“Innovative and grassroots driven organisations with the desire and capacity to pursue participatory and people centred forms of development and to fill gaps left by the failure of states across the developing world in meeting the needs of their poorest citizens” (Banks and Hulme 2012, p.2)
Over the last 40 years the influence and impact of NGOs on world development has grown and transformed from high popularity and success in the 1970’s and 1980’s to over shadowing and criticism in the 1990’s and onwards. This is a brief look into the controversial impact that NGOs nowadays have on the lives of some of the poorest people on the planet and aims to answer the question, do we still need them?
A common complaint of NGOs is the way in which they have depoliticised poverty. Since the 1990’s good governance agenda, the gap in which NGOs were founded has become smaller and the role of NGOs in civil society has been put into question. Where once they were seen as the innovators and “sweethearts of the development sector”, it has now been realised that they only make up one piece of civil society and world development (Banks and Hulme 2012, p.2-9). Originally set up to promote democratic change in society, NGOs have lost “their ability to respond to and take political initiatives” (Joseph 2001, p. 146) rendering them useless in terms of the creation of public spaces where interests come together for the ‘common good’ which, according to Joseph, can only happen in a political arena (Joseph 2001, p. 145-150). Although it is true that NGOs often ignore politics in order to reach their objectives that is what makes them stand out from other official aid organisations and the government. Although all of the above may in fact be true, we mustn’t under estimate the power of NGOs. The current refugee crisis is one of the many examples of their importance in the world. Whilst governments argue over appropriate ‘procedure’ and whose responsibility it is to look after these people, NGOs are on the ground doing all they can with their limited power to welcome the refugees, feed them and look after them after the atrocities they have gone through.
Furthermore, many have criticised NGOs for having lost their core values and as a result they have become less efficient in their efforts to help end poverty. Hailey blames the relationship between aid donors and NGOs for the loss of identity suggesting that donor’s objectives sway NGO decisions. This dependency on donor aid and lack of solid core values has caused a steady loss of aid money to other development organisations. Hailey suggests that NGOs need to redefine their core values in order to make themselves obviously separate from governments and other organisations to allow more funding and to serve the needs of their receiver communities (Hailey 2001, p.163). As well as lack of funding, the presence of donor aid often dictates the areas and programmes of NGOs meaning that they are no longer choosing to help the people who need them the most but instead are basing their target communities on where the donors are funding.
However, NGOs would say they are the most committed to the poorest populations and are the only actors which encourage, almost exclusively, ‘bottom up’ development (Grzybowski 2001, p. 209-217). Grzybowski argues that NGOs are “more committed and militant than efficient” and that without NGOs our concern and knowledge of the refugee and environmental crisis, and their detrimental impacts on all of us, would not be known. Although small in their sector in comparison to the government and other official agencies, they play a vital role in the chain of action. Non-governmental organisations are the creators of a cause which they then promote to the excluded majority to put pressure on these bigger organisations. They do this in three ‘steps’; first they bring to light the issues needing to be addressed, then they create awareness of a widespread problem and finally they mobilise the majority under one banner empowering people to fight for their own rights (Grzybowski 2001, p. 213). Unlike states and official organisations, non-governmental organisations support those fighting against inequality and exclusions which are created by the government. I guess in this context you could say that NGOs are the foundations for change and that without them self-awareness and reliance, which in turn creates ‘bottom up’ sustainability, would diminish.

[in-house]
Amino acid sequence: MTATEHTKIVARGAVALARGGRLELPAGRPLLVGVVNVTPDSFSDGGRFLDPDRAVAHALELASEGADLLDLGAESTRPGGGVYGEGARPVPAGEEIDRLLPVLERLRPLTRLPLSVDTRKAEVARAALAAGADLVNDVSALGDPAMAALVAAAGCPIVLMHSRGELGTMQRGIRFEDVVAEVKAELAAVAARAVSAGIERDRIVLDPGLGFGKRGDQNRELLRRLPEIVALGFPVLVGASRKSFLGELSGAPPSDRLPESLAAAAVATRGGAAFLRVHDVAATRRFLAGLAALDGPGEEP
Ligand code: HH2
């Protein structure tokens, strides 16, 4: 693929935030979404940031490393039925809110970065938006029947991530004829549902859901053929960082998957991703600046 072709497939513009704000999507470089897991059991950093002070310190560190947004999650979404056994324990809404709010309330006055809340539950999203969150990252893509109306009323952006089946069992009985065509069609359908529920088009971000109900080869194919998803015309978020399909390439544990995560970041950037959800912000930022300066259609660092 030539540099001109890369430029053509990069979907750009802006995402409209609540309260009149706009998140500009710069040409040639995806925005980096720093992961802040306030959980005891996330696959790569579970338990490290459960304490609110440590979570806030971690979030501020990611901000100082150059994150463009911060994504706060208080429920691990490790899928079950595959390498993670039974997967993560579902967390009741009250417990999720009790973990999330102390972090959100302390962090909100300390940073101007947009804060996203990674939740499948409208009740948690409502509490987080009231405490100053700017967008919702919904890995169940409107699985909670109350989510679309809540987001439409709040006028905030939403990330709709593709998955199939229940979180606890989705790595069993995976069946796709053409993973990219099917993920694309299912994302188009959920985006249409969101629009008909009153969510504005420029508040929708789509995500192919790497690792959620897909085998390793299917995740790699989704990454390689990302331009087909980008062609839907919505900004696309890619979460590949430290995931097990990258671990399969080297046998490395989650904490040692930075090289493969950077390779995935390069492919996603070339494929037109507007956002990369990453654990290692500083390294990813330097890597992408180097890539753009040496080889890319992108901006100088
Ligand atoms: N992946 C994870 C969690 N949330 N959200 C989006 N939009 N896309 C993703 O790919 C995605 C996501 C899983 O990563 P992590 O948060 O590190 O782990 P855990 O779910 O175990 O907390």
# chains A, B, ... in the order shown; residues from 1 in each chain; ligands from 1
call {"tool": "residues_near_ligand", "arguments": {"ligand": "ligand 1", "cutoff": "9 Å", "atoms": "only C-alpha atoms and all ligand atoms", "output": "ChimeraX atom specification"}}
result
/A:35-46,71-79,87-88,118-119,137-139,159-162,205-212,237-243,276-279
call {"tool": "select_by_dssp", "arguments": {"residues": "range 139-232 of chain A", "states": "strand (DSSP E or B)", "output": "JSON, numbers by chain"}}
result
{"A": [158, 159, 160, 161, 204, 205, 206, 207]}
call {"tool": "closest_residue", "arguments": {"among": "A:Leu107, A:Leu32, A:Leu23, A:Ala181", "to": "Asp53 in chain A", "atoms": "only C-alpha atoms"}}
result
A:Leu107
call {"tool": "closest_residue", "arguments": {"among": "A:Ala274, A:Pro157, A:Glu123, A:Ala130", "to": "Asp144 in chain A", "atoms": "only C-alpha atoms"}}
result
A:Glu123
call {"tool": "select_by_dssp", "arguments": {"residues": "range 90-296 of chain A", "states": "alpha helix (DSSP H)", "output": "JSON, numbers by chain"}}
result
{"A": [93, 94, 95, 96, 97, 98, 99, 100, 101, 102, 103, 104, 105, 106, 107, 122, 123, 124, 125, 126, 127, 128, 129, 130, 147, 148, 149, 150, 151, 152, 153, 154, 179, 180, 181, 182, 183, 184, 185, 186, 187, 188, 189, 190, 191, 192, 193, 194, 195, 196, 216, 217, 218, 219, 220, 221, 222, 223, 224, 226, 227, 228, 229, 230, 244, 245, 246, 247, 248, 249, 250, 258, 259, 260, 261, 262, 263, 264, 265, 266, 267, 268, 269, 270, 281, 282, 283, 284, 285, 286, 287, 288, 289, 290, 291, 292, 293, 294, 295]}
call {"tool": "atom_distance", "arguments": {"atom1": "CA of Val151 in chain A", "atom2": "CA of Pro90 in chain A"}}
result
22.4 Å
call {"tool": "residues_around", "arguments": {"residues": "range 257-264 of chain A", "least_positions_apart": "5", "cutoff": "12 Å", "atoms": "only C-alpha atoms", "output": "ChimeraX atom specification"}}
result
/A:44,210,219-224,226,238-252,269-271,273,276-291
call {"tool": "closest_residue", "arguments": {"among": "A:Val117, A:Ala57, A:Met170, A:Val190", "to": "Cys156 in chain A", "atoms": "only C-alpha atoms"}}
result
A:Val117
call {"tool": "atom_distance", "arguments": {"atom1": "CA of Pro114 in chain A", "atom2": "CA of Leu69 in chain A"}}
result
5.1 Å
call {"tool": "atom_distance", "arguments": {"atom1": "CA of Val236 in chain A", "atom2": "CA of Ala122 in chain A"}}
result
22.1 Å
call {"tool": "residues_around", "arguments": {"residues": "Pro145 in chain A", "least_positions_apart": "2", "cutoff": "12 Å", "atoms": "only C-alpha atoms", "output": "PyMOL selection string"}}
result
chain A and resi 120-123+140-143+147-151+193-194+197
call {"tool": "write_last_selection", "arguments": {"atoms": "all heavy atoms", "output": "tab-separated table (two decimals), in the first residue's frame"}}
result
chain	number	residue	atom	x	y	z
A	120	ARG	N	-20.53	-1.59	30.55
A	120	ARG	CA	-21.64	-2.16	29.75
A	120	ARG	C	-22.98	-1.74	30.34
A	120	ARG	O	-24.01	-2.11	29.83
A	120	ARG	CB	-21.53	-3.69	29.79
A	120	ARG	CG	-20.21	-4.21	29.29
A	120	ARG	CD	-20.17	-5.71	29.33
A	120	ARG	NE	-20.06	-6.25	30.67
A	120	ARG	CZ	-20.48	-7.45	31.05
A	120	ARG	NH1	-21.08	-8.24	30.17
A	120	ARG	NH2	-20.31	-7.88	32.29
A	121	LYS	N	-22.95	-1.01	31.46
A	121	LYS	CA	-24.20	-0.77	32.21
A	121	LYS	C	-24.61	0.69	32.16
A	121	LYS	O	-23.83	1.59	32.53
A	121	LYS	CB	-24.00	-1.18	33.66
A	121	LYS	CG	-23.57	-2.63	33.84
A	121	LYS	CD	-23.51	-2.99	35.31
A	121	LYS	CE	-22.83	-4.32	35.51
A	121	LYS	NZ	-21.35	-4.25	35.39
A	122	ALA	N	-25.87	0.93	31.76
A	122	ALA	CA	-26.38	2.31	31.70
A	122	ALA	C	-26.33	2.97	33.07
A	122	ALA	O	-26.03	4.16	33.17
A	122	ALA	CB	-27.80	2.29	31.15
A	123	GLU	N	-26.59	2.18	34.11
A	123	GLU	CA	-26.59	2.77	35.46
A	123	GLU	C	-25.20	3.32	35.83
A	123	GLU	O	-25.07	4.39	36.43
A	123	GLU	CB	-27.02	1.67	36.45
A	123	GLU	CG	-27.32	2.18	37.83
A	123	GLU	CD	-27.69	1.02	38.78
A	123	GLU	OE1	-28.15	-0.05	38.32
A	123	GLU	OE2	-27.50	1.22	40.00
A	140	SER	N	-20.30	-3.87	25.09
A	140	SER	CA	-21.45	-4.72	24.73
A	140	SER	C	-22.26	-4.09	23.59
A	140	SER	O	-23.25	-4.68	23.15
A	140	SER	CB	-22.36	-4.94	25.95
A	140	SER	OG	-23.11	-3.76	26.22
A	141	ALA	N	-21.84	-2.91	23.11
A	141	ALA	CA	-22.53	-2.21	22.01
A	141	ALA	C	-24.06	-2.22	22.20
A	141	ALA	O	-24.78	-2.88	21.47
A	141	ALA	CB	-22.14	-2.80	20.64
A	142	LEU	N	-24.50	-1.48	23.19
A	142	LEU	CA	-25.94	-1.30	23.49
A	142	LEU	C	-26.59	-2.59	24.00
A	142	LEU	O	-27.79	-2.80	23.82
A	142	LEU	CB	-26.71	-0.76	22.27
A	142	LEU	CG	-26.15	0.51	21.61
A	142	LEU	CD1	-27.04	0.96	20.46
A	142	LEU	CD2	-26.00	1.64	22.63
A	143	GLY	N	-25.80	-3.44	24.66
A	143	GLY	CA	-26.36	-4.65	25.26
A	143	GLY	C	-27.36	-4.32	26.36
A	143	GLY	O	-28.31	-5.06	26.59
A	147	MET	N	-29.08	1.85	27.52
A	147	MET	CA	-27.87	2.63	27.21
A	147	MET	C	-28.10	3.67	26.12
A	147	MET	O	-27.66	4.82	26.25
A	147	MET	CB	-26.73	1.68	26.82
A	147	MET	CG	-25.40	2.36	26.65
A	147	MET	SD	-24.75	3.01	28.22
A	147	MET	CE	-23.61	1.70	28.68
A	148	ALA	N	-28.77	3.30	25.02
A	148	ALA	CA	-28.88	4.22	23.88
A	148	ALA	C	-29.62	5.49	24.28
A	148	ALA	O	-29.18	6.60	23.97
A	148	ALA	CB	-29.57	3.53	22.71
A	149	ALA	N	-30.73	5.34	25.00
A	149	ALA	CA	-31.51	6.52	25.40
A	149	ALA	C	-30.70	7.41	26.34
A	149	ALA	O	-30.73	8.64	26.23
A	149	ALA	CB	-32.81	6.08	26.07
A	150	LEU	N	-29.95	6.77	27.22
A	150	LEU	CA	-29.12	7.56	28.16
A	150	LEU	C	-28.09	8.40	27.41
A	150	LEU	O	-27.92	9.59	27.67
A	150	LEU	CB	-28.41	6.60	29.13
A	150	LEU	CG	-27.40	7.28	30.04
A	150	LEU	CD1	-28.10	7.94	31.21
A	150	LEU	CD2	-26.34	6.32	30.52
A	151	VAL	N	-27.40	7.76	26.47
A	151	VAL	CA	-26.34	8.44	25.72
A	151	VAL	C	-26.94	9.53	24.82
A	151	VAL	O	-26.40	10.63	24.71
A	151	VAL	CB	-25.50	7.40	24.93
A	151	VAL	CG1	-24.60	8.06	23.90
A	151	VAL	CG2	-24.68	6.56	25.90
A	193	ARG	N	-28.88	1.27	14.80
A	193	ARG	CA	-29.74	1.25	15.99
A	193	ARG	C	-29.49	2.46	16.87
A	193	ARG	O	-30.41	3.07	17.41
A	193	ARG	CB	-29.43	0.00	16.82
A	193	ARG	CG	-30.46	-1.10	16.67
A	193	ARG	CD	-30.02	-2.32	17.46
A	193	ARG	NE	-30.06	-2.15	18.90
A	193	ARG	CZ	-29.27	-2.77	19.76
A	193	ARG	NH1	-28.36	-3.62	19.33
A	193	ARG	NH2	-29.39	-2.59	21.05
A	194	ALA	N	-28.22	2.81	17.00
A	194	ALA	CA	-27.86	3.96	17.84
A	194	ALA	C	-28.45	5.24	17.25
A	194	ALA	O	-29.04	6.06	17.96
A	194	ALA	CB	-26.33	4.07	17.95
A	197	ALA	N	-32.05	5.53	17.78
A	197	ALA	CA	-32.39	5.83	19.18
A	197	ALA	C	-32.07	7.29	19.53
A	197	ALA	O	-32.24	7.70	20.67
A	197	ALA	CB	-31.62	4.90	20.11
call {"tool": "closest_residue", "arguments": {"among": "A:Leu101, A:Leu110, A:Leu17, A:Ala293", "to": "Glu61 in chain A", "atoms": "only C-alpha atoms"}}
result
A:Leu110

Overall it feels immoral and somewhat ignorant to say that we no longer need NGOs. It is fair to say that their impact has become secondary to that of the state in terms of efficiency however they are still as valuable an asset as ever to those most in need, like the refugees in Europe. In spite of this, in order to be taken seriously in the development sector and to have a bigger impact, it is imperative that they re-evaluate their core values and become more independent of aid donors and aid donors’ agendas.
– Anderson, I. (2001) Northern NGO advocacy: perceptions, reality and the challenge, Eade, D. and Ernst Ligteringen eds. (2001) Debating Development: NGOs and the Future, Development in Practice Reader, Oxford: Oxfam.
– Banks, Nicola with David Hulme (2012) The role of NGOs and civil society in development and poverty reduction, Manchester: Brooks World Poverty Institute
– Grzybowski, C. (2001) We NGOs: a controversial way of being and acting, Eade, D. and Ernst Ligteringen eds. (2001) Debating Development: NGOs and the Future, Development in Practice Reader, Oxford: Oxfam.
– Hailey, J. (2001) Indicators of identity: NGOs and the strategic imperative of assessing core values, Eade, D. and Ernst Ligteringen eds. (2001) Debating Development: NGOs and the Future, Development in Practice Reader, Oxford: Oxfam.
– Joseph, A. (2001), NGOs: fragmented dreams, Eade, D. and Ernst Ligteringen eds. (2001) Debating Development: NGOs and the Future, Development in Practice Reader, Oxford: Oxfam.